Before Patriots quarterback Tom Brady led the Patriots to a comeback win over the Texans, he stood for the national anthem with one arm intertwined with wide receiver Phillip Dorsett and the other over his heart. Brady was asked about that after the game and said his message was “there’s just a great love for my teammates.” Brady was also asked about the boos heard at Gillette Stadium as a number of his teammates took a knee during the anthem. Brady didn’t say whether he agreed with President Donald Trump’s feeling that kneeling is unacceptable and reiterated his strong feelings for his teammates when asked about those that took a knee.
National anthem protests have become such a divisive issue that the aim of Colin Kaepernick’s original protest has been lost on a lot of people. NFL on FOX analyst Howie Long took time to remind viewers that these players who decide to protest aren’t disrespecting the country, but instead fighting against racial inequality. Standing for the anthem is something I would not choose to do, but I fully support the right to do it. That being said, what’s being lost in the criticism of the form of the protest is the message of inequality. Put it in perspective: As a white father having raised three boys, there were a million things to worry about on a daily basis. But it’s impossible for me to understand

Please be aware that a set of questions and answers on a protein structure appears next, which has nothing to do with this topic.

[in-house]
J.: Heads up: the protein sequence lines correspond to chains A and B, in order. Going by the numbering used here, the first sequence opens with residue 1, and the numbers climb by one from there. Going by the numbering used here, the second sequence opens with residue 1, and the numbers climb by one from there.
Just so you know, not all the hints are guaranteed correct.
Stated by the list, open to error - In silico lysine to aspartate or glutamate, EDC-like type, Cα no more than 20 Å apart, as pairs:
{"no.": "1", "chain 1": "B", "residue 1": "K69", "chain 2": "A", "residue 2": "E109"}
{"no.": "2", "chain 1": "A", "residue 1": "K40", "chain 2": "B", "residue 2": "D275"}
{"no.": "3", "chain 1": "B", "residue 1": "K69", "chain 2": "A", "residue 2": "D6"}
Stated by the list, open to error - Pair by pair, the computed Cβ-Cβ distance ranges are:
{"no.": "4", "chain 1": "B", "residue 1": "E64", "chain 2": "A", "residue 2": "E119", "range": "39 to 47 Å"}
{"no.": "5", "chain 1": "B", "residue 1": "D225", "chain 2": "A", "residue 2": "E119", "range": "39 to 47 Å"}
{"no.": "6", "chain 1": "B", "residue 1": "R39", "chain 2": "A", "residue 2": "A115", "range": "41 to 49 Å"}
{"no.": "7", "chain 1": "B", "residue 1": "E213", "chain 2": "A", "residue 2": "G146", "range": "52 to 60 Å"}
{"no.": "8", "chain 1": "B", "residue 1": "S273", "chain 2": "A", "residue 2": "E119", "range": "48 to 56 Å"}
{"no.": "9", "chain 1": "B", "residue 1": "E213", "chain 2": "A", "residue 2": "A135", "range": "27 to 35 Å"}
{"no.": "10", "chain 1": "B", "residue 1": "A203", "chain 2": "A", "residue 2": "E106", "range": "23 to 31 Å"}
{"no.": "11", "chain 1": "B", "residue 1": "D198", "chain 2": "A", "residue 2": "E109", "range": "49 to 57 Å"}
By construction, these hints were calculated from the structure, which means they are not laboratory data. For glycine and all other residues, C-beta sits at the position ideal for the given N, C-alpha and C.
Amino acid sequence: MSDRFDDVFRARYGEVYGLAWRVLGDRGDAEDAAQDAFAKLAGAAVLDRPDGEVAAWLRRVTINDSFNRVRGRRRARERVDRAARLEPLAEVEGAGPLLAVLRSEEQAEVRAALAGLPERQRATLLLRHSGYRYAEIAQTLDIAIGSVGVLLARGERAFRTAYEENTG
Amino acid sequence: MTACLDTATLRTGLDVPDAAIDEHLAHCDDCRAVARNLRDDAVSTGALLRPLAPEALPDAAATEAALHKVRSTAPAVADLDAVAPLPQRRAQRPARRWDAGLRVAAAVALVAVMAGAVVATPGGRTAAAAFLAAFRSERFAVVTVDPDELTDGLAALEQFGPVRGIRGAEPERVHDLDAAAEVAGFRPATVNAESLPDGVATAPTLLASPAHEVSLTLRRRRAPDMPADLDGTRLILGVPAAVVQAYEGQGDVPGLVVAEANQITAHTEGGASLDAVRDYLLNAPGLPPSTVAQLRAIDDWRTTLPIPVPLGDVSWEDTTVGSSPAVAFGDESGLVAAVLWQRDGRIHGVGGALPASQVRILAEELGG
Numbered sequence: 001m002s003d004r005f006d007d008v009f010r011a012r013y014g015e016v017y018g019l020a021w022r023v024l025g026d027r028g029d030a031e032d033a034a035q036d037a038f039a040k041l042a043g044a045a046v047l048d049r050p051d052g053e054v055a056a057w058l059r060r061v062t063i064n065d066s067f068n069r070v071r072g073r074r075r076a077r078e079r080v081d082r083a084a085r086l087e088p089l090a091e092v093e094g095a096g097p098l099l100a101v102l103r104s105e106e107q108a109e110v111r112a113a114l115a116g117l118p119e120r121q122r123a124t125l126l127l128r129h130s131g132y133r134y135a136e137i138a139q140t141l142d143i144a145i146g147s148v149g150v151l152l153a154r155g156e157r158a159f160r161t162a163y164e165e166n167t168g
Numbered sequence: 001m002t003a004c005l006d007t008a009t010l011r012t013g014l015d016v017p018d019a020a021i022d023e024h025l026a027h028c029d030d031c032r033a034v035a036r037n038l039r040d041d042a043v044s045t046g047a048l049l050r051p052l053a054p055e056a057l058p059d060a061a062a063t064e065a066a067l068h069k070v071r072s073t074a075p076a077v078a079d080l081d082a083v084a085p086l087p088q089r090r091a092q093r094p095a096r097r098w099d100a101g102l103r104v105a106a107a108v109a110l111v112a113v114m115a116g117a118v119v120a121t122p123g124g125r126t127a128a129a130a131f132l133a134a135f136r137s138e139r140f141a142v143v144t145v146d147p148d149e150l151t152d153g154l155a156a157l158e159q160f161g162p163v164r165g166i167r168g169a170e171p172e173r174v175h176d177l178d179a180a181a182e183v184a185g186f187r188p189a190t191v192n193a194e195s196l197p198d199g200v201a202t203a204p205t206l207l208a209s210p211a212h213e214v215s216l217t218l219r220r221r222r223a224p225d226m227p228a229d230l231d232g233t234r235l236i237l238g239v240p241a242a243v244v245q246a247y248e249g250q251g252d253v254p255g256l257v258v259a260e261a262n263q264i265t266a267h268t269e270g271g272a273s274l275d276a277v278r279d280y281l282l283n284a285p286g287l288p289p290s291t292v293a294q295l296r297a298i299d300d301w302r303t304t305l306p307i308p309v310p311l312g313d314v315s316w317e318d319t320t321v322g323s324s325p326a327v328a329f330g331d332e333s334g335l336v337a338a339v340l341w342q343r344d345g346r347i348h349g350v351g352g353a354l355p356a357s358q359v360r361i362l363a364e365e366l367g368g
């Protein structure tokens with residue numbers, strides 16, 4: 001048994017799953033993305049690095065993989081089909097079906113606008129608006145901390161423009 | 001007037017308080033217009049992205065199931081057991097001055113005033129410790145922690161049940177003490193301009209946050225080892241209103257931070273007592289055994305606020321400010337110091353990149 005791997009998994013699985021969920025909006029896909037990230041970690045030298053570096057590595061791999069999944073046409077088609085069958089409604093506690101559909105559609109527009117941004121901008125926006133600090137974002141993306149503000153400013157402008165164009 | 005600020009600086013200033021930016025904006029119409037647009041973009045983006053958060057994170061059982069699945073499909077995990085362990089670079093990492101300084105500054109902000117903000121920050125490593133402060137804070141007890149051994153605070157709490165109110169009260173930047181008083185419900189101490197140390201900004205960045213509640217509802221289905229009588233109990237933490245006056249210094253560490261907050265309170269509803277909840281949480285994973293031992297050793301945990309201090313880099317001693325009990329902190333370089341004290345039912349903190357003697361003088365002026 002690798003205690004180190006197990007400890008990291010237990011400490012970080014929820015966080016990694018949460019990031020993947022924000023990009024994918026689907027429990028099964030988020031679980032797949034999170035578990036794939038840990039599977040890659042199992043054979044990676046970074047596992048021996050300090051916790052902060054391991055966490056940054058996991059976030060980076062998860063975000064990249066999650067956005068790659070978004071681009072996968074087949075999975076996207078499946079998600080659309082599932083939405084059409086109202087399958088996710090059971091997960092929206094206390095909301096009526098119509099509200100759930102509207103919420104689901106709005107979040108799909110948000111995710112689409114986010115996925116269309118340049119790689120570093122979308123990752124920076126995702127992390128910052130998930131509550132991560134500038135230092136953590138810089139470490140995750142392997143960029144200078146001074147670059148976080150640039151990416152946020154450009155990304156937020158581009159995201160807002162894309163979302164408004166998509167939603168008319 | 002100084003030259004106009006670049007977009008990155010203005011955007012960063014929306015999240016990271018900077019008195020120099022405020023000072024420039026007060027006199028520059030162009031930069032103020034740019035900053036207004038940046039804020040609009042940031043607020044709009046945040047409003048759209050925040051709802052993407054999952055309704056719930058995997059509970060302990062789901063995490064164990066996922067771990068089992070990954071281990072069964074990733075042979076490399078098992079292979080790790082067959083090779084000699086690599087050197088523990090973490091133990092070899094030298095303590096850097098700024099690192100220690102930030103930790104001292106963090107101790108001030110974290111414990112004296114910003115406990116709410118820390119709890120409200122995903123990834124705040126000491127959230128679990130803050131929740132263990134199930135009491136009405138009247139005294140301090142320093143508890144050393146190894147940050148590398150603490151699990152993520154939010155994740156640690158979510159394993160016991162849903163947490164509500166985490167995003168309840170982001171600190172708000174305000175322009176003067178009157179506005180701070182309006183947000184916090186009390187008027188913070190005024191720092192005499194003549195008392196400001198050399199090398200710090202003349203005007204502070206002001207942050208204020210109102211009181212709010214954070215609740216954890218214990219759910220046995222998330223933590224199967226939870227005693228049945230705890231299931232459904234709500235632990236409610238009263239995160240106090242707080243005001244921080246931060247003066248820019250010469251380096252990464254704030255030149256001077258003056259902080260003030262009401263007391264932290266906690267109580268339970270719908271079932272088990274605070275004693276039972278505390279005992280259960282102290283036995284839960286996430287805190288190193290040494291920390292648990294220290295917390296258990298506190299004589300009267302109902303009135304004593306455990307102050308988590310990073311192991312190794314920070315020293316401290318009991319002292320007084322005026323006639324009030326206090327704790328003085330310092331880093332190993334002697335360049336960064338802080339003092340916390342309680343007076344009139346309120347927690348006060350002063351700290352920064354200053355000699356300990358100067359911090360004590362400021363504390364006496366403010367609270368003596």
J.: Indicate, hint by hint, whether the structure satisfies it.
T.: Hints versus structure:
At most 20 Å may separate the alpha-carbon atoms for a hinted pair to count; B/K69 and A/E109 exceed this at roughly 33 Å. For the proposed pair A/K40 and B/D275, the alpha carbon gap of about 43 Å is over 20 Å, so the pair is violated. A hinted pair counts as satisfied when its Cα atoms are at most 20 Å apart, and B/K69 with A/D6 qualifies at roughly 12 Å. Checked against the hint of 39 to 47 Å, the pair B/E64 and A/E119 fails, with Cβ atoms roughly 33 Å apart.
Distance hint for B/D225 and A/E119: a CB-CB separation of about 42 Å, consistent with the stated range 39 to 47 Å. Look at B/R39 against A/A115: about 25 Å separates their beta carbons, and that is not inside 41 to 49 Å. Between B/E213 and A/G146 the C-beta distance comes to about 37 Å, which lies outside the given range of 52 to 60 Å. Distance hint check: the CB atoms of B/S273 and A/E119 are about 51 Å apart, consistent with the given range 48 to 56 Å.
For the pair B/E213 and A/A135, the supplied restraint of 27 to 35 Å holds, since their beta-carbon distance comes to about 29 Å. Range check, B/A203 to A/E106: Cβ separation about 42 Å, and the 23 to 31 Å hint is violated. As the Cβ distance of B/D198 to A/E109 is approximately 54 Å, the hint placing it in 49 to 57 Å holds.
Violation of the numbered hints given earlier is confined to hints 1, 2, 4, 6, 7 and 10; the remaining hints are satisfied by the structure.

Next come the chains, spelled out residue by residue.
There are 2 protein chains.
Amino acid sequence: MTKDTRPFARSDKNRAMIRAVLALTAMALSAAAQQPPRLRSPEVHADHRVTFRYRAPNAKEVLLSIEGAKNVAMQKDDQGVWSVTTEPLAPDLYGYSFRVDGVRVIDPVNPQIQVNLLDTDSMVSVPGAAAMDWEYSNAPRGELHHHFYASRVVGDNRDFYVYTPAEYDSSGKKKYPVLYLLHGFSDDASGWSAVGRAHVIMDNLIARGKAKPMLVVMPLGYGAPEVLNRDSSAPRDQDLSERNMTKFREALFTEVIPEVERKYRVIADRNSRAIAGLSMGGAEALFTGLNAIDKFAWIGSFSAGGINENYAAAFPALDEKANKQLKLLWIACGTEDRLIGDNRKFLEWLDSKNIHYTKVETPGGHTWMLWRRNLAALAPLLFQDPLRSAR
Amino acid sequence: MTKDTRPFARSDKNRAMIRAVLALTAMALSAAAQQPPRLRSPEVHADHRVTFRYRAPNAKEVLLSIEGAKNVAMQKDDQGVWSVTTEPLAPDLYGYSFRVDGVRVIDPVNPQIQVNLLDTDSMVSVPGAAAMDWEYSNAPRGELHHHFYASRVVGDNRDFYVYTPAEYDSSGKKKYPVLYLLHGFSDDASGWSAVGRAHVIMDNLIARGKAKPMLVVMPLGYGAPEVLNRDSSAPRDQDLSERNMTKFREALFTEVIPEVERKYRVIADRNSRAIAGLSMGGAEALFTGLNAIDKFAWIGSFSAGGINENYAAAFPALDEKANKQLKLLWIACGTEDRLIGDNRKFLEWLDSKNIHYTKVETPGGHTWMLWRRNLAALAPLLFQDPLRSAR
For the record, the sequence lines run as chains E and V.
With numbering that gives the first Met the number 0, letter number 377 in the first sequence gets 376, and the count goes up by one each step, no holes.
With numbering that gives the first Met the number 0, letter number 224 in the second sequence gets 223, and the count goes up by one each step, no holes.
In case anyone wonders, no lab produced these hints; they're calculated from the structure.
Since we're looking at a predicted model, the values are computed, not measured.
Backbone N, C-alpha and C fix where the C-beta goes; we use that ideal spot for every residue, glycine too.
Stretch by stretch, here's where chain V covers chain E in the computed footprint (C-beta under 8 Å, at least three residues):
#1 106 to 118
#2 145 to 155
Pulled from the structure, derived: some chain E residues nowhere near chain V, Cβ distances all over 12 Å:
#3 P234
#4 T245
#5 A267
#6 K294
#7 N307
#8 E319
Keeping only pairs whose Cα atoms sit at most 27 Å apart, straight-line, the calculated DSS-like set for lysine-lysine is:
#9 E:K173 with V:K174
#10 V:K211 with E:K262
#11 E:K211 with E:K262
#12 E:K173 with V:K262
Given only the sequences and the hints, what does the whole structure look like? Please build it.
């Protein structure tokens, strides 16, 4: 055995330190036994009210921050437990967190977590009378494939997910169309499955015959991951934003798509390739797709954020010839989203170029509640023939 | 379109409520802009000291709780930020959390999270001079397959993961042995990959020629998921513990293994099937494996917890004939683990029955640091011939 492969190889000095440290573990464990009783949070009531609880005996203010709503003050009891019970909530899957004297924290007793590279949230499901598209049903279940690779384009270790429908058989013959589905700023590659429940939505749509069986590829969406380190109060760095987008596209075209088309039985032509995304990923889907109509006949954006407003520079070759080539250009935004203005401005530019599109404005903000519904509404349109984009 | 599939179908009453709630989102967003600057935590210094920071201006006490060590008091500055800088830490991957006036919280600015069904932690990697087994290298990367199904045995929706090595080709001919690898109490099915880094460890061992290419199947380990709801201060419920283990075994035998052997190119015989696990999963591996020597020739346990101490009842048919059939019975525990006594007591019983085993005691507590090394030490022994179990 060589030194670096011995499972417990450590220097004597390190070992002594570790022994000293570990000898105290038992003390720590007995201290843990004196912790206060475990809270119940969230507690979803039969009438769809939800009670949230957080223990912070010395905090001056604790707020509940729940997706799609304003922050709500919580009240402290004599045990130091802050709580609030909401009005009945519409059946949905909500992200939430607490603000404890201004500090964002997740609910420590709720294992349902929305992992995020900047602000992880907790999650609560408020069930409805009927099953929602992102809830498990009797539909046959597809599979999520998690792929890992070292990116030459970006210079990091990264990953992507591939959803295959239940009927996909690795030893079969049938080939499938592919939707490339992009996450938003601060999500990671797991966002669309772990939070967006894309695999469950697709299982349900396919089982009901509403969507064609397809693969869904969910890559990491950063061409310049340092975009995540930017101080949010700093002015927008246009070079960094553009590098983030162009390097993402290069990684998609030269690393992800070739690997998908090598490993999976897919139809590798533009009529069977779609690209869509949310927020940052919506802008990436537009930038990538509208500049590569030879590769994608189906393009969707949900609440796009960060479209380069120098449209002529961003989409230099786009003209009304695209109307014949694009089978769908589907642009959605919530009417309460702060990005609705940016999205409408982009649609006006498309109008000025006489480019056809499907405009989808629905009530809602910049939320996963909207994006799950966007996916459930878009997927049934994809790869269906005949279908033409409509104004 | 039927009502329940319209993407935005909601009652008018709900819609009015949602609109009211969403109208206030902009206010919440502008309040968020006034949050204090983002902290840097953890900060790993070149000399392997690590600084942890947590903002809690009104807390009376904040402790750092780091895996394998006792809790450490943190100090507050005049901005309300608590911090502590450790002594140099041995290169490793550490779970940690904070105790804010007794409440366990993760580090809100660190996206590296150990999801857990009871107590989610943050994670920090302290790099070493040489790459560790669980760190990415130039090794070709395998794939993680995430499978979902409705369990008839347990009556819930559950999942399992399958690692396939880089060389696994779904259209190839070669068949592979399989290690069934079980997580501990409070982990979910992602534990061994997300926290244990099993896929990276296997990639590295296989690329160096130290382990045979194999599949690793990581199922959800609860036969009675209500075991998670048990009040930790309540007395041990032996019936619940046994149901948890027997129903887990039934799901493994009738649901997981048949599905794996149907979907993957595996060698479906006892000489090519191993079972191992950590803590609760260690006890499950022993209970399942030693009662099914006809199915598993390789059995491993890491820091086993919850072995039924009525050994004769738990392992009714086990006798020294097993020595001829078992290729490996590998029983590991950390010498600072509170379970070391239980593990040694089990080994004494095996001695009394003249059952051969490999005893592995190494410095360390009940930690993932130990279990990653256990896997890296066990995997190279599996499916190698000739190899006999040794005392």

“It’s not about free speech,” Mnuchin said during an appearance on “This Week” on ABC News. “They can do free speech on their own time. The topic has exploded over the last two days, ever since Trump, in a Friday speech to supporters in Alabama, criticized National Football League players who have used pre-game ceremonies to speak out against police mistreatement of African-Americans and racism in American society more generally.